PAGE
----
Amazon has acquired Facebook’s team of more than a dozen satellite internet experts, The Information reported Tuesday and spokespeople for the two companies confirmed.
The deal bolsters Amazon’s $10 billion effort to develop low Earth orbit (LEO) satellites capable of delivering high-speed broadband internet around the globe, while marking the end of Facebook’s ultimately unsuccessful efforts to do the same.
Facebook’s team, which joined Amazon’s existing 500-person operation in April, included physicists as well as hardware and software engineers who have experience working on aeronautical and wireless systems, according to The Information.
The talent acquisition deal included some intellectual property developed by the team, as well as equipment and facilities, Facebook told Insider. Other terms were not disclosed.
Amazon received approval in July 2020 from the Federal Communications Commission to launch 3,236 LEO satellites in an effort called Project Kuiper, with the company saying it plans to bring its satellite-based internet service online after 578 satellites are in orbit.
Facebook’s efforts to develop its own satellite-based internet service, which began as early as 2015, have encountered multiple hurdles. The company told The Information it no longer plans to launch its own network, and told Insider it instead plans to continue working with partner companies like Eutelsat and pursuing its other efforts to expand internet access.
SpaceX CEO Elon Musk said the company’s Starlink internet service is working to build new internet terminals that will cost less money to build.
During a virtual interview at the Mobile World Conference on Tuesday, Musk said the SpaceX subsidiary is losing money on the current terminals, which cost $1,000 to make but are sold to customers around the world for $500, plus a $99 monthly subscription.
Musk said new versions of the units will cost less than $1,000 for the company to build.
“We are working on next-generation terminals that provide the same level of capability but costs a lot less,” Musk said in the conference. “So that’s one area of development for us.”
He said during the event that he’d like to eventually reduce the cost for customers from $500 to $300 or $250. Musk also noted that customers don’t need professional installers for the units. All you have to do is “point it at the sky and plug it in,” and not necessarily in that order.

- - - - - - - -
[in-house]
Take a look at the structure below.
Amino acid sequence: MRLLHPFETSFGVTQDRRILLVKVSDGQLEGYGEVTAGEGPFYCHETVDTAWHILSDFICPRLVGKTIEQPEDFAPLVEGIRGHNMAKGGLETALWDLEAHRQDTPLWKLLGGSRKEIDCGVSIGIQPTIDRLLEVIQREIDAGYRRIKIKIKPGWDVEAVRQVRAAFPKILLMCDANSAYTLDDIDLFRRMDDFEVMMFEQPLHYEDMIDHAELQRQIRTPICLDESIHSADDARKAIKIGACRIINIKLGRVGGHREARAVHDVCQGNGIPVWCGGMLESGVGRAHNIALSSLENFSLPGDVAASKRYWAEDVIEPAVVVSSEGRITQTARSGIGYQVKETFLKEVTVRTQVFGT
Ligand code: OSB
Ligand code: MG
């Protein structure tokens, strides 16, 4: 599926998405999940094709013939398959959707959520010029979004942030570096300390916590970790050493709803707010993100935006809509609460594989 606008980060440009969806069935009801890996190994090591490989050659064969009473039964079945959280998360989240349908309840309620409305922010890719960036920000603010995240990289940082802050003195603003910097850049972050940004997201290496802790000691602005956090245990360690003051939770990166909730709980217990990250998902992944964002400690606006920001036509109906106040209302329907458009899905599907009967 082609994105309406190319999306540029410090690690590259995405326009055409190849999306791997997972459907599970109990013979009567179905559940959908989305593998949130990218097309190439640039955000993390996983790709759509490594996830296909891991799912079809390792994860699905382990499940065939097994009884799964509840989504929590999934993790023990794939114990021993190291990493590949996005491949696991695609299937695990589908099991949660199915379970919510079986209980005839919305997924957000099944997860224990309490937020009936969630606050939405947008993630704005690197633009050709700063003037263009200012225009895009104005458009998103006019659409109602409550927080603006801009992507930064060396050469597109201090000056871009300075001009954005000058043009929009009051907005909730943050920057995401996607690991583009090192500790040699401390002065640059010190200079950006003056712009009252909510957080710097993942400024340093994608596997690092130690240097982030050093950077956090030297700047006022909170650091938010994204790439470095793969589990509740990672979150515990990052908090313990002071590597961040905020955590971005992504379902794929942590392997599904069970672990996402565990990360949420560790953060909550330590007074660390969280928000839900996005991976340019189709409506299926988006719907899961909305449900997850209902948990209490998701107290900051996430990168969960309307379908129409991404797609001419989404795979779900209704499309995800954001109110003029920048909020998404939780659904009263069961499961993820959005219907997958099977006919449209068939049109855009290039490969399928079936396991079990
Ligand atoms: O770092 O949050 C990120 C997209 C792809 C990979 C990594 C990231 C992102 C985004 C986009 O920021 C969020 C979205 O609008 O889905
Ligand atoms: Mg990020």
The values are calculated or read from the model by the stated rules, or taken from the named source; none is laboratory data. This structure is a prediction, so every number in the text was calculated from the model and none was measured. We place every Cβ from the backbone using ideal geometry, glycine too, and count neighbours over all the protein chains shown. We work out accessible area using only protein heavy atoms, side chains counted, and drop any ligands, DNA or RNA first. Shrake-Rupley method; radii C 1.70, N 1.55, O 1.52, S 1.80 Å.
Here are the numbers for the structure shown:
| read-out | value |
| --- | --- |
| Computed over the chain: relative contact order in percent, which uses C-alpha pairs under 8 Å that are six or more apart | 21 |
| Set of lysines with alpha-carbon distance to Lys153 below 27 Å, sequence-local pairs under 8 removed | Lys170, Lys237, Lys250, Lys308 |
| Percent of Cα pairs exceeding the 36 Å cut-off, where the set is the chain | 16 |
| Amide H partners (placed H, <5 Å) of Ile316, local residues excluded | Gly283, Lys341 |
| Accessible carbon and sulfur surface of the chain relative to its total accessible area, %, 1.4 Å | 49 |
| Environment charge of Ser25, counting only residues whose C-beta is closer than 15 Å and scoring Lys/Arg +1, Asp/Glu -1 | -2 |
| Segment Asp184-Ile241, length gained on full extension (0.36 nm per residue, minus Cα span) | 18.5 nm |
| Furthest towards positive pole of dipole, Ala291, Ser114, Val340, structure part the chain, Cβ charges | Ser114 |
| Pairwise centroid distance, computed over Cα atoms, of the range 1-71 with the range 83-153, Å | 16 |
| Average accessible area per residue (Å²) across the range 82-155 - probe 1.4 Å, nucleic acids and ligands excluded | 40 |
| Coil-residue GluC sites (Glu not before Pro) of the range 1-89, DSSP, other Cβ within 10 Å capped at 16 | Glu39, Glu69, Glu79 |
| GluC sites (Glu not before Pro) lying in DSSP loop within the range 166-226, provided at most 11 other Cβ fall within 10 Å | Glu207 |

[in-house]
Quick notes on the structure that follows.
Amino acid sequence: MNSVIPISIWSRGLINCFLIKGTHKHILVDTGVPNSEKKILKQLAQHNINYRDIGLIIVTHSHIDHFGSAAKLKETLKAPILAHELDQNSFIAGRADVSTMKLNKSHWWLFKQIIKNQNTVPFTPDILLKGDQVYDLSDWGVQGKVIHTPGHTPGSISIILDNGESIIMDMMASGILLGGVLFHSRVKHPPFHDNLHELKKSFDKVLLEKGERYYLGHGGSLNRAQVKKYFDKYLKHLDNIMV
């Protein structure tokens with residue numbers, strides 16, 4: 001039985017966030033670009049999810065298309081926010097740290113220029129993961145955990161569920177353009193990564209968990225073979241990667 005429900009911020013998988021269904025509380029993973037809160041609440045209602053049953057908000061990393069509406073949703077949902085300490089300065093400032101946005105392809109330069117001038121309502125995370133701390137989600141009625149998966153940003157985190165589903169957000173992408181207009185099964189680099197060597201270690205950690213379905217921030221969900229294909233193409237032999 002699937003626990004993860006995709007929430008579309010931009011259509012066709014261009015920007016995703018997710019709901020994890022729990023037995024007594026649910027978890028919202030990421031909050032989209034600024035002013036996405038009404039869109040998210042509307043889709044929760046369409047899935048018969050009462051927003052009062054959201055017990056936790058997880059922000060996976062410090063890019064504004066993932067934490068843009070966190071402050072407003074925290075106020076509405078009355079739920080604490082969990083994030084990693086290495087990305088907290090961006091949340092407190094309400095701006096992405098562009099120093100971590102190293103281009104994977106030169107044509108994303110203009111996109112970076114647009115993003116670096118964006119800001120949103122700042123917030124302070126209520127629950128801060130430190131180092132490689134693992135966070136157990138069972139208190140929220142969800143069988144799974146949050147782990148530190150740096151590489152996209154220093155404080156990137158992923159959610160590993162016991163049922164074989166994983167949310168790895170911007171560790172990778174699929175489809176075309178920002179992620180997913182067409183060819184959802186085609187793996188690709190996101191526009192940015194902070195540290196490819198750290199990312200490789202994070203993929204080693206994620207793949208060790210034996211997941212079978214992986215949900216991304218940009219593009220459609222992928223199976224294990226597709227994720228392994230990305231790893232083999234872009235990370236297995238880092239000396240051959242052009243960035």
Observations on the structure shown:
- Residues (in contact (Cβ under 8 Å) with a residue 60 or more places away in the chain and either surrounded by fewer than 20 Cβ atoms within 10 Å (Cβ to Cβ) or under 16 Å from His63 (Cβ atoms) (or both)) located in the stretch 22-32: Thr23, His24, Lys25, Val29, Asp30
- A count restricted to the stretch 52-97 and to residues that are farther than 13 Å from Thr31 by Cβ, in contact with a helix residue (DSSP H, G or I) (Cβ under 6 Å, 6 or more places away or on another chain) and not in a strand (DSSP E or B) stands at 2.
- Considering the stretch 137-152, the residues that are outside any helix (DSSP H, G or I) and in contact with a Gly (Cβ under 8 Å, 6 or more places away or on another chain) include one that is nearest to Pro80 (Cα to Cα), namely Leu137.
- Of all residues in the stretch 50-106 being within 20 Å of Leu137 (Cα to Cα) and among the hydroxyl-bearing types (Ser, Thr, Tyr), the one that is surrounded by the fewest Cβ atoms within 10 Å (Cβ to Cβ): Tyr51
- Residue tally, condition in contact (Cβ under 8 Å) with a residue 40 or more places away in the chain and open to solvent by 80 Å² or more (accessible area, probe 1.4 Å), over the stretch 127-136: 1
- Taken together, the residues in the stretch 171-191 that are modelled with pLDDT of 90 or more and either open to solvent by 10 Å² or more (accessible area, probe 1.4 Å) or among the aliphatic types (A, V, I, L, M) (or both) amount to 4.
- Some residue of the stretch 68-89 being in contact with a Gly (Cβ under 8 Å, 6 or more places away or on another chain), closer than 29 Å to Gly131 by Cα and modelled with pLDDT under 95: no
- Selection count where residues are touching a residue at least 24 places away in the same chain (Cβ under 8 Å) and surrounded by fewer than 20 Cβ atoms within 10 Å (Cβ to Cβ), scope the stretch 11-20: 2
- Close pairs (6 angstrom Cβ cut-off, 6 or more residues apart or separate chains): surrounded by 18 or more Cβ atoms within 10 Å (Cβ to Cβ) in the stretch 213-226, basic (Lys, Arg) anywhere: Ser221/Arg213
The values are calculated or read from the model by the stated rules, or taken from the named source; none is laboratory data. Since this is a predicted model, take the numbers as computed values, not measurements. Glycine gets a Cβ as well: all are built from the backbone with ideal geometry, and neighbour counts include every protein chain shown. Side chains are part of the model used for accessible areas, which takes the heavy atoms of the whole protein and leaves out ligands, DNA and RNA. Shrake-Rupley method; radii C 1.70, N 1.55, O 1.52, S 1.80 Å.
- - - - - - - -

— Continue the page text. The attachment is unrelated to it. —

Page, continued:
SpaceX did not immediately respond to a request for comment.
Starlink sends broadband internet service down to customers from satellites and first launched in October 2020. It now has 69,420 active users, a “strategically important threshold,” Musk said last week.
Starlink has customers in at least six countries and plans to establish 42,000 satellites in orbit for use by 2027. Musk’s goal has been to create an ultra-fast system that can provide internet to everyone, especially those living in rural areas or higher latitudes that have poor connections.
From old faithful satellite internet, to boosting cell phone signal, to jimmying together some wild antenna rigs, I’ve seen or tried just about everything.
Here’s how to establish a work-from-homeable internet connection from any address in the union.
Satellite internet, a gift and a curse
Satellite internet will work from just about anywhere. Providers like Hughes Net and Viasat provide speeds of up to 25 mbps on downloads and 3 mbps for uploads. This is about 80% lower than the average speed across the US, which sits at around 120 mbps. Big downloads can take a while, but for web browsing and sending and receiving moderate amounts of data, it’ll do. Also, Hughes Net or Viasat can probably get a technician out to install the dish on your house within five business days. Satellite internet is almost a one-punch knockout as far as rural connections go … almost.
Because your data is flying to a satellite dish and back, there’s a noticeable .7 to .9 of a second of latency with satellite internet. Prepare to be even more annoying on Zoom calls than you ever thought possible. Also, satellite internet providers usually have a soft data cap, after which you’ll have to pay about $3 a GB extra. Finally, satellite internet gets worse with the weather; snow, clouds, rain and storms will all hurt performance.
Satellite internet costs about $70 to $150 a month depending on the provider and how much data you use, plus an install or equipment rental cost that can get up to $400. But, because satellite internet makes you sound awful on calls and can drop out at any time due to weather, you’ll need to augment your connection.
There’s a small chance that Elon Musk has already saved you, or is about to
In my case, my internet woes just about ended when I was selected for the Starlink beta test. Starlink, which is internet service from Elon Musk’s SpaceX, is satellite internet that relies on tons of tiny satellites orbiting closer to earth, so there’s no noticeable lag or data caps.
Starlink is a slam dunk, but it’s only beta testing in the very northern part of the US. For now, there’s not much you can do besides sign up for the beta and hope.
Without latency-free internet, you’ll need to find a way to augment your satellite internet connection with landlines or cell signal.
How to measure a home’s cell signal
If the home has strong data service filling the bars on your cell phone, then congrats: Major cell phone providers have hotspot devices and data plans that will hook you up for good.
But say you want to work from a house where your phone gets zero bars and doesn’t say “LTE” or “3G” or “4G” in the corner. Then what?